Table 1 shows that the average haul from a bank raid in the UK between 2005 and 2008 is £20 330.50. The standard deviation is £53 510.20. The sample size of 364 raids includes those that were foiled; as the table shows, one-third of raids were unsuccessful, meaning that the robbers got way with no money at all. The average haul per successful robbery is therefore around £30 000. But again, some “successful” raids – around 20% in both the UK and the USA – are detected and the perpetrators caught and sentenced, and in some cases the money is recovered; this reduces the expected gain to the robbers.

The average US bank robbery nets considerably less: some $43 303, compared to an average of $1589 for all commercial robberies. (There is a sector low of $769 for robberies from convenience stores.)

Table 1. 364 bank raids in the UK between 2005 and 2008, variable description and selected summary statistics

 

Description Symbol/units

 

Mean

 

Std. dev. Min. Max.
The amount stolen pounds sterling

20 330.50

53 510.20

0

425 610.00
Bank raid successful?

(dummy variable)

1 if successful, 0 if not

0.662

n/a

0

1

Bank staff present at time of the robbery Number

5.417

4.336

0

25

Customers present at the time of the bank robbery Number

2.000

3.684

0

30

Bank raiders involved Number

1.637

0.971

1

6

Firearm displayed? (dummy variable) 1 if displayed, 0 if not

0.357

n/a

0

1

Fast rising screen in the   banking outlet? 1 if present, 0 if not

0.118

n/a

0

1

Alarm activated during the   raid? 1 if activated, 0 if not

0.854

n/a

0

1

Travel time from nearest

police station to bank   outlet

Minutes

4.557

4.028

0

22

Location 1 if a shopping high street,   0 if not

0.670

n/a

0

1

 

Ill-gotten gains, loss and risk

All this information allows us to create an equation, balancing the potential robber’s inputs against his expected gains or losses.

A bank robbery can be thought of as a production process. It has “inputs”, which the potential robber has to supply; and “outputs” – the money, if any, that he gets away with. The nature and size of the inputs affect the output.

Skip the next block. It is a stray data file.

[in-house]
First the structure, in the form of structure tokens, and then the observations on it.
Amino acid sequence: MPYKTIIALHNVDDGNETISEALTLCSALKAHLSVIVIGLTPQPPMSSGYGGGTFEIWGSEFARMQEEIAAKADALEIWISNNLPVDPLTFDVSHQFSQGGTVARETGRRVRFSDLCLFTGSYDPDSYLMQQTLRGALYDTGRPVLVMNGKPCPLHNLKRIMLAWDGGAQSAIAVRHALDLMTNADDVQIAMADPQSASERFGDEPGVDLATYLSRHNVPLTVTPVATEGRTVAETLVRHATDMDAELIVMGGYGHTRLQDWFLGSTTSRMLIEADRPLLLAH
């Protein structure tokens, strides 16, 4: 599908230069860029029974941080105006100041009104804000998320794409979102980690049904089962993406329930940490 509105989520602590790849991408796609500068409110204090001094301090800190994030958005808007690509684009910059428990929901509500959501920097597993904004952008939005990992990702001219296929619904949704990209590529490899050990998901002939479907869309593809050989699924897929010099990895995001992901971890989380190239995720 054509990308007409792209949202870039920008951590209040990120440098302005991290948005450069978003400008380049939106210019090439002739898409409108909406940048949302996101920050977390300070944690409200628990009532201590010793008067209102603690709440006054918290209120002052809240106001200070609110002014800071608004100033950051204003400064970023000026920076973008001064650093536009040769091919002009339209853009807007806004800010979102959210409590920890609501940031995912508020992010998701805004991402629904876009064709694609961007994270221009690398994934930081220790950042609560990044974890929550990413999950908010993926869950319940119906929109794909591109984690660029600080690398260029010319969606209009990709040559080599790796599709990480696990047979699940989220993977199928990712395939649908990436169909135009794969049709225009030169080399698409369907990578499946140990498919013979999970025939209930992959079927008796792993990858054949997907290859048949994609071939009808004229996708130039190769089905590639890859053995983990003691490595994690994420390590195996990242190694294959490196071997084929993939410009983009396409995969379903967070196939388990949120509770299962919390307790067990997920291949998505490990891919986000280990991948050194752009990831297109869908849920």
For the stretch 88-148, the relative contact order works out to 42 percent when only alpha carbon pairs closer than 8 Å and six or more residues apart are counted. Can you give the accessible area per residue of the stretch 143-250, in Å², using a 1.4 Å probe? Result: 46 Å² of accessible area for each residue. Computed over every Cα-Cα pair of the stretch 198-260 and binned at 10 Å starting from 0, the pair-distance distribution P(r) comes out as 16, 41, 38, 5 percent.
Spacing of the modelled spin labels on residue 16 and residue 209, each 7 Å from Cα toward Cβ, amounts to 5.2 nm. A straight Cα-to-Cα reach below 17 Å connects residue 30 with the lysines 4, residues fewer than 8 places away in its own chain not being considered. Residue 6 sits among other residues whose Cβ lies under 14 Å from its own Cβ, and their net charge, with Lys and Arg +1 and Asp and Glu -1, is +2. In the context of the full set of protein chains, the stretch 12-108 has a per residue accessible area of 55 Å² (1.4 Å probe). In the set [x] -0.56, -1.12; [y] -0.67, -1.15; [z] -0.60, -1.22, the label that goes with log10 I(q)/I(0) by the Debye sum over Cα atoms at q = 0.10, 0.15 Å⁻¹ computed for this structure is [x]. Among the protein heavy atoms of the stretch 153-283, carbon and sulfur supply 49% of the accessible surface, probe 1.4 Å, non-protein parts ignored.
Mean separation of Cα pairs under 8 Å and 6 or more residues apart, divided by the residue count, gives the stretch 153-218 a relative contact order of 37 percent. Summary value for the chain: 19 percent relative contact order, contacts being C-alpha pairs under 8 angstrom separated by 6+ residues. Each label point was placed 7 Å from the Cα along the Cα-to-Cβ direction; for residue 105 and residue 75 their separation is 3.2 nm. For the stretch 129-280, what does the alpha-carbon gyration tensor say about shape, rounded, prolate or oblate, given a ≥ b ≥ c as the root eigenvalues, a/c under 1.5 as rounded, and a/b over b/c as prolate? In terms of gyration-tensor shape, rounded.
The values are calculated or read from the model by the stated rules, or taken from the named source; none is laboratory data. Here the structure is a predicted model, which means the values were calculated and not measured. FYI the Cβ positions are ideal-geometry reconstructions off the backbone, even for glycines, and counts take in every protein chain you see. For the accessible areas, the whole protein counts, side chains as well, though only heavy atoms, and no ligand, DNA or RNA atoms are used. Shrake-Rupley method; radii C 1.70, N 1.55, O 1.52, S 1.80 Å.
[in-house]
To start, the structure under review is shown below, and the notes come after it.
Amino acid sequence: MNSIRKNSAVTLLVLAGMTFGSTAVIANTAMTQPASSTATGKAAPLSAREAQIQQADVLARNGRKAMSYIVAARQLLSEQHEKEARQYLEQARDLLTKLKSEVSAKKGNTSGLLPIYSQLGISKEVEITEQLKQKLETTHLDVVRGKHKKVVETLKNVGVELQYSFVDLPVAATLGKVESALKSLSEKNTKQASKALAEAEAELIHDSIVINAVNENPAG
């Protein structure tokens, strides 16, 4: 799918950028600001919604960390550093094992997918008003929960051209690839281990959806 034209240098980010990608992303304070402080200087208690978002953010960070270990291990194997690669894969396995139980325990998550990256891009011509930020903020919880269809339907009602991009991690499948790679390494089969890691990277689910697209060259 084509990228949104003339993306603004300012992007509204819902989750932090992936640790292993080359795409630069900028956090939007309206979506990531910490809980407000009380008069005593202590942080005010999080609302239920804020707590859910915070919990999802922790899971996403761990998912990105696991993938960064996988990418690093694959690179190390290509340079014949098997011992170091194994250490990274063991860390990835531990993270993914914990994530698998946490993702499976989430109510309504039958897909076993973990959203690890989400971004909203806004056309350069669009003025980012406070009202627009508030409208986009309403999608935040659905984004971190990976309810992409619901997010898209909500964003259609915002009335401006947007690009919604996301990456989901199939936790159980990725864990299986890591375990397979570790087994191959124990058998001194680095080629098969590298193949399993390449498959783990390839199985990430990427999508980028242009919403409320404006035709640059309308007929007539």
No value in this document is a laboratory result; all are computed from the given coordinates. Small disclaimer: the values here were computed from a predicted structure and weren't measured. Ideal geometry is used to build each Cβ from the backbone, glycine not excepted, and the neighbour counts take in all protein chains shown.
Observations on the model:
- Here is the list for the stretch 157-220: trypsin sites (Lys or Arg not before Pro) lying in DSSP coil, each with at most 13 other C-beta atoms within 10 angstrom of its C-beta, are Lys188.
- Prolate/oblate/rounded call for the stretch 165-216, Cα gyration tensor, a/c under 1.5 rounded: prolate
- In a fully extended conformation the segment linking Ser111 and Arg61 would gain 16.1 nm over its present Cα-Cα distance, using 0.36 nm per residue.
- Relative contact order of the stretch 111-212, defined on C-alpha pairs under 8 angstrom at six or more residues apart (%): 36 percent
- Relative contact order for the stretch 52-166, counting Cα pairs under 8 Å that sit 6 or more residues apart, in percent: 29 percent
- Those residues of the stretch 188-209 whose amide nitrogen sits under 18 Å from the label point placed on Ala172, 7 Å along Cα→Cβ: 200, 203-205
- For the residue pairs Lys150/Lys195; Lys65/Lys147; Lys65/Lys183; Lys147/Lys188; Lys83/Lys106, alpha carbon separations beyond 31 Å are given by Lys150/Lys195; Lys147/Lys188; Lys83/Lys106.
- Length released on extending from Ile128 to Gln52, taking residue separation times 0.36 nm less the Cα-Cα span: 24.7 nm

As with any commercial enterprise, the inputs include both labour and capital, as well as factors that affect productivity – the efficiency of your factory or the ease or difficulty of your raid.

For the potential robber, the main “inputs” are the number involved in his gang (which we can think of as the labour input), whether firearms were displayed in the course of the crime (which is part of the capital input), and a raft or vector of what you could call difficulty or deterrent factors that may influence the effectiveness of the inputs: bank security measures (such as the presence of a fast-rising screen), whether the alarm was activated during the robbery, the number of staff and customers present during the robbery, and so on. The “output” is a function of all of these and is the value of the money that is stolen. In an unsuccessful raid of course this is zero. The output might also include capture and a lengthy term in jail. Our equations let us model the effect of varying one or more of the inputs on the expected output.

As we have seen, the “average” proceeds from the “average” robbery is £20 331, but about one-third of robberies yield nothing at all. The average number of raiders is 1.6 (Table 1), though a sole raider was involved in 60% of cases. The average number of customers present was 2 and an alarm was activated in 85% of cases. A firearm was displayed in over one-third of robberies, and just over 10% of banks raided had a fast-rising security screen system in place.

 

As we have also seen, neither the numbers of customers nor of staff in the bank at the time of the robbery affects the output. However, the number of raiders involved most definitely does. It yields a positive well-determined coefficient. The bigger the gang, the greater the take. We were able to use maximum likelihood estimates to quantify it. Every extra member of the gang raises the expected value of the robbery proceeds by £9033.20, on average and other things being equal.

This may well reflect the effect of criminal organisation. More experienced robbers operate in teams[6]. It is advantageous to divide tasks – monitoring the bank lobby, accompanying staff to vaults to ensure maximum takings, driving the getaway car and so on. A larger gang may have spent more time on planning and reconnoitring – in short, it may be more professional, and the larger returns may reflect that. Even so, if the gang splits the proceeds equally, although the total haul goes up the haul per person goes down.

 

If the robbers use a gun

The other major factor that affects the output is whether the robbers are armed or not. The threat of firearm use in a bank raid raises the unconditional expected value of the robbery by £10 300.50, again on average and other things being equal. This is plausible, as the penalties for using a firearm in committing a robbery are significantly greater than for unarmed robberies, thus raising the ante: it becomes a higher stakes game. The possible penalties are greater so one would expect the potential rewards to be greater as well. (They might come, for example, through increasing the potential cost to bank staff of failing to comply at speed with robbers’ demands.) On the face of it, however, the reward does appear modest, given the potentially harsher judicial penalties that apply in a conviction for an armed robbery.